I realised when the families arrived that I wasn’t sure what to shoot first, individuals or together. The children were both awake and alert, so we did some together and then I did individuals before moving to a different spot, but I’m not sure whether I’d have been better to do all the together shots first? Any thoughts?
I also switched between my 35mm f2 (50mm equivalent) and my 50-140 (70-200mm equivalent), which wasted valuable time. I should have stuck with the long lens throughout I think. Again, love to hear what you do?
I should have packed some props! I asked them to bring some toys, but they didn’t, so it was hard to keep them engaged. If i’d had a few bits in my bag, I could have remedied this.
Lastly, their dog managed to cut his paw so a first aid kit – as suggested in an earlier post would have been useful!
In post production, there are two bits I really need to learn… Firstly, head swaps as I could have created a better picture by doing this, and secondly colours. The grass/general surroundings were very green and so I’ve been working with hue, saturation and luminescence in LR, but there’s more I need to learn that will take the images from good to great! Paul – if you’re reading this, this is something I would love to learn more about.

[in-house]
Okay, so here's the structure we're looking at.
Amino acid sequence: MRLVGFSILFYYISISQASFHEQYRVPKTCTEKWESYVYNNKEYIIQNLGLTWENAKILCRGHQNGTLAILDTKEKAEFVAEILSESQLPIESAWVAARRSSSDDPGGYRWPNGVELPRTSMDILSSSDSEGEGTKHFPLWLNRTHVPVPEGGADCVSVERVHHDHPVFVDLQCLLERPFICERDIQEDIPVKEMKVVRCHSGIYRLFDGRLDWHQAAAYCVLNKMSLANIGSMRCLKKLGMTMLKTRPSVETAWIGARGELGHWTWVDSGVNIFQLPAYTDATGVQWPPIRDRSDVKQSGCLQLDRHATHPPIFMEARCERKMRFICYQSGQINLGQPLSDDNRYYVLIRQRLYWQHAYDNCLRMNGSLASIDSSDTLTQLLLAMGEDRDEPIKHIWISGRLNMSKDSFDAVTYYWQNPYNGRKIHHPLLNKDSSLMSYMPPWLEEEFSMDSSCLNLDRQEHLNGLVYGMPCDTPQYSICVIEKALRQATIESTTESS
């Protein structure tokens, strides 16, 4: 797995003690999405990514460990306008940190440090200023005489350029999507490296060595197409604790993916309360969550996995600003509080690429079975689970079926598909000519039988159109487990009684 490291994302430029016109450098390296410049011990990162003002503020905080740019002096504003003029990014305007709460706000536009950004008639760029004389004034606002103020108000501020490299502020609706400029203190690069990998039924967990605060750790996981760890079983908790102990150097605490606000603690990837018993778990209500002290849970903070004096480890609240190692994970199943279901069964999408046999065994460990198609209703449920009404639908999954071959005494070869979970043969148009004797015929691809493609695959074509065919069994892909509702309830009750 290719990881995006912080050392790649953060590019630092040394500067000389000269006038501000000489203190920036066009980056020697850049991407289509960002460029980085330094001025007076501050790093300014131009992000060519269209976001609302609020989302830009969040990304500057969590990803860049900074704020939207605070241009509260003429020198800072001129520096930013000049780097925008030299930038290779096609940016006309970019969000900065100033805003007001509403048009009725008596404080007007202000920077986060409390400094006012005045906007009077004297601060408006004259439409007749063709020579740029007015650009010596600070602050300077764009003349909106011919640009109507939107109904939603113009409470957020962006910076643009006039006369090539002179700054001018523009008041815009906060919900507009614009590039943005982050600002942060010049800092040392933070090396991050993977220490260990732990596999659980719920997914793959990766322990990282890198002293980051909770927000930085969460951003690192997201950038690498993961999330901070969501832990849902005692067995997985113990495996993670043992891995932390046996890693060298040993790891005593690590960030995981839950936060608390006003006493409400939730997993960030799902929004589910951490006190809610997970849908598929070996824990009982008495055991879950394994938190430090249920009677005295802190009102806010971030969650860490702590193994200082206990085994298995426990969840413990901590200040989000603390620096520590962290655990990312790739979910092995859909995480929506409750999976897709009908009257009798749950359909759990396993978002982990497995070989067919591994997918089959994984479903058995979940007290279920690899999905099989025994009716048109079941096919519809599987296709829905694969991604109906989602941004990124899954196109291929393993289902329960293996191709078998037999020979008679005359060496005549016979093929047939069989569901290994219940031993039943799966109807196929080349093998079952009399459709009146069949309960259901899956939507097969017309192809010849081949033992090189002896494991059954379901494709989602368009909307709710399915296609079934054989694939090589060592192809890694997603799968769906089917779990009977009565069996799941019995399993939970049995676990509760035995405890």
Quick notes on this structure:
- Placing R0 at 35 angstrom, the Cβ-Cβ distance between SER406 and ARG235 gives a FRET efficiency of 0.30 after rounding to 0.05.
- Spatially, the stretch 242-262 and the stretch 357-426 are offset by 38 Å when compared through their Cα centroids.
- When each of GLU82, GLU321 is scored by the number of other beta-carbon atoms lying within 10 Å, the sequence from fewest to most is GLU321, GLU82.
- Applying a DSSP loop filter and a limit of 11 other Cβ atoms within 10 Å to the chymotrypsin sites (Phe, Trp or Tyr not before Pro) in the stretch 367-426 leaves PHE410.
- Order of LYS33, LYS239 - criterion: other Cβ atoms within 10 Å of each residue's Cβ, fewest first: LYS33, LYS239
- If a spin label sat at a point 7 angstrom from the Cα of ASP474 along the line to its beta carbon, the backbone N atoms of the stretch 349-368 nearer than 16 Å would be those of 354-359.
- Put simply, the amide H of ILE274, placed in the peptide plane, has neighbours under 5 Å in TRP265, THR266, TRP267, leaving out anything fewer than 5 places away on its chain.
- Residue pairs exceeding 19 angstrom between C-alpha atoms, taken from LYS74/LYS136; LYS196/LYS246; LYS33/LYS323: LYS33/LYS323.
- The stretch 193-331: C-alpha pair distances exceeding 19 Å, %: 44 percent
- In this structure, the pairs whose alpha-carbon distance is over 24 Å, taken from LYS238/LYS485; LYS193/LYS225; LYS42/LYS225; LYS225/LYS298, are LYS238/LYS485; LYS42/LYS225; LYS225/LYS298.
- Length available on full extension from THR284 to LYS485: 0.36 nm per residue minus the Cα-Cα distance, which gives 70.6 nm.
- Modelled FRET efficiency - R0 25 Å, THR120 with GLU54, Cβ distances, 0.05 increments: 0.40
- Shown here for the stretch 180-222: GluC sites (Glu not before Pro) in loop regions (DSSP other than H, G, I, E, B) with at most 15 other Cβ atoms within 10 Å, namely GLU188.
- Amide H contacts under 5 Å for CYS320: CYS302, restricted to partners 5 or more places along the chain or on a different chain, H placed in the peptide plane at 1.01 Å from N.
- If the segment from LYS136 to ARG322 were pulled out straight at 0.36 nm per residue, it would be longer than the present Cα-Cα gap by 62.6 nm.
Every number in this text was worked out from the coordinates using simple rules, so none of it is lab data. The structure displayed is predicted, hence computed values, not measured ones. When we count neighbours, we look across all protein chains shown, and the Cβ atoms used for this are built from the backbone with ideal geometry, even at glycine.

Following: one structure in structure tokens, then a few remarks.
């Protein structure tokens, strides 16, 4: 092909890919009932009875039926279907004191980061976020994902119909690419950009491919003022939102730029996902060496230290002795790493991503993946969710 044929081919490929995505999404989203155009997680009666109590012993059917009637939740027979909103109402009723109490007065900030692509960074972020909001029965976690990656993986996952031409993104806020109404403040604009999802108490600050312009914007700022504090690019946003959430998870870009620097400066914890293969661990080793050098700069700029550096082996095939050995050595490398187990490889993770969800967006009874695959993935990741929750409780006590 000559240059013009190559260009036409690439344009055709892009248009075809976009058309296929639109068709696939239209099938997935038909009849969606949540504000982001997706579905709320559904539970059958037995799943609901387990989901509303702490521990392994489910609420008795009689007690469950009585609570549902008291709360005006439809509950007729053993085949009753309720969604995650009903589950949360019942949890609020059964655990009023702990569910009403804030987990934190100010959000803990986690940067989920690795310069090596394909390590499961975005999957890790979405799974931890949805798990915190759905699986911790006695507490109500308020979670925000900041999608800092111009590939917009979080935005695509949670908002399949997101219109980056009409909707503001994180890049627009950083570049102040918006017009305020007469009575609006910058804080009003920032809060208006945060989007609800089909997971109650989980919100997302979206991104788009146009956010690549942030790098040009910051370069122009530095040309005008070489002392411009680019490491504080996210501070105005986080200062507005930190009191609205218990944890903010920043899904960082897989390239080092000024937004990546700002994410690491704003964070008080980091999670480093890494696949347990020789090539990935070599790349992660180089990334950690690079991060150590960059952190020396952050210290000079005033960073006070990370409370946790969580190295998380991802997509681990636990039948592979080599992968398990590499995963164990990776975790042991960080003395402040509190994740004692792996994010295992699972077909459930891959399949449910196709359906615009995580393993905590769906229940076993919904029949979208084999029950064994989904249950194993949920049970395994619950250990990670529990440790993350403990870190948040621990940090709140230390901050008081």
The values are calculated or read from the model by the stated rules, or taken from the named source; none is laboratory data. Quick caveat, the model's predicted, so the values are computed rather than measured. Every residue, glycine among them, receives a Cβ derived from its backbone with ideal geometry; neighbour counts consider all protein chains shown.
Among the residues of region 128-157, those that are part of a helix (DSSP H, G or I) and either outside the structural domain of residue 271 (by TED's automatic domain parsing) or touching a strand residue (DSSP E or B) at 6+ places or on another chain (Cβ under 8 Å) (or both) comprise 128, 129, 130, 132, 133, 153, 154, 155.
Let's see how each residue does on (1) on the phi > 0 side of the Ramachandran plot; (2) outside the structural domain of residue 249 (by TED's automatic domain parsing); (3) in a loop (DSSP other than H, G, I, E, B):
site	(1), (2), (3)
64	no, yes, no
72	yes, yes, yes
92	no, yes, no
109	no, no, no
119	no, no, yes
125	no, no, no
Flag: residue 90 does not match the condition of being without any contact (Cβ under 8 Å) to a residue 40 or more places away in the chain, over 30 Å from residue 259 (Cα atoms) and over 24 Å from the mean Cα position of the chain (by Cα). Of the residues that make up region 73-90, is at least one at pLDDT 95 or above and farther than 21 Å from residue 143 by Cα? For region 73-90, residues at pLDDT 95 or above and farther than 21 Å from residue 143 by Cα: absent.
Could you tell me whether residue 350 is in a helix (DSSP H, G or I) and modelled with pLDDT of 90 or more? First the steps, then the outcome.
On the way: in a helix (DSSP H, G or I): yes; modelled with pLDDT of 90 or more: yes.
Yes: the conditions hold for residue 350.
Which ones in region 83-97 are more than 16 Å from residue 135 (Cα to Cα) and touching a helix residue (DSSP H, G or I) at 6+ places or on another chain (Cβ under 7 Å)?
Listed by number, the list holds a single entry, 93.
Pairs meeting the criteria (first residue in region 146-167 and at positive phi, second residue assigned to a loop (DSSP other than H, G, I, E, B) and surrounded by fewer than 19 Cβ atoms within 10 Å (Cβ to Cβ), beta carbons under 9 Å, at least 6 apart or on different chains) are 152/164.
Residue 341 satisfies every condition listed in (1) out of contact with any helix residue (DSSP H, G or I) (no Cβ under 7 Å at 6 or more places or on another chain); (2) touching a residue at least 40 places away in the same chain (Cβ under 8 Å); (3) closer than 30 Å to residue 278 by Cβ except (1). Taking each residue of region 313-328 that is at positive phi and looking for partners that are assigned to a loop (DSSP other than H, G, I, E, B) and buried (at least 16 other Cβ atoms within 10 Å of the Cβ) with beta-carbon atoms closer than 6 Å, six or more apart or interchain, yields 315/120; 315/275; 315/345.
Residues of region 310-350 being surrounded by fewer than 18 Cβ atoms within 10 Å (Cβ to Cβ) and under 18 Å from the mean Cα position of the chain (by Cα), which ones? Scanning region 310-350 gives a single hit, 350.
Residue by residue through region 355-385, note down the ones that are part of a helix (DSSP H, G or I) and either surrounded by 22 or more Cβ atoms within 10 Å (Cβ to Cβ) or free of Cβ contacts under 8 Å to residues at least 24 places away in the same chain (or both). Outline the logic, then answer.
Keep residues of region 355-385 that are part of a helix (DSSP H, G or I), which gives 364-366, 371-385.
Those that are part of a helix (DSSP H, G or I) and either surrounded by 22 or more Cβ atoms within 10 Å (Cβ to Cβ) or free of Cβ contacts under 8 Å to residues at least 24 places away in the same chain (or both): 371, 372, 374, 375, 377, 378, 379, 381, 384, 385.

Thanks again for all the tips!May 26, 2018 at 10:54 pm #2273Matt BrownModeratorPoints: 24
Really glad to see you didn’t back down and took on the job. You learn so much more from doing and making mistakes (for example switching between lens’). Also when you make mistakes you learn how to correct them if things can’t be helped or just happen and you also learn how to avoid them in the future or at least minimise the impact they can have, like the first aid kit Rachel suggested. Why don’t you upload one of your images for Paul to critique if you would like him to provide some feedback on your work.
Keep up the great work!June 5, 2018 at 2:30 pm #2275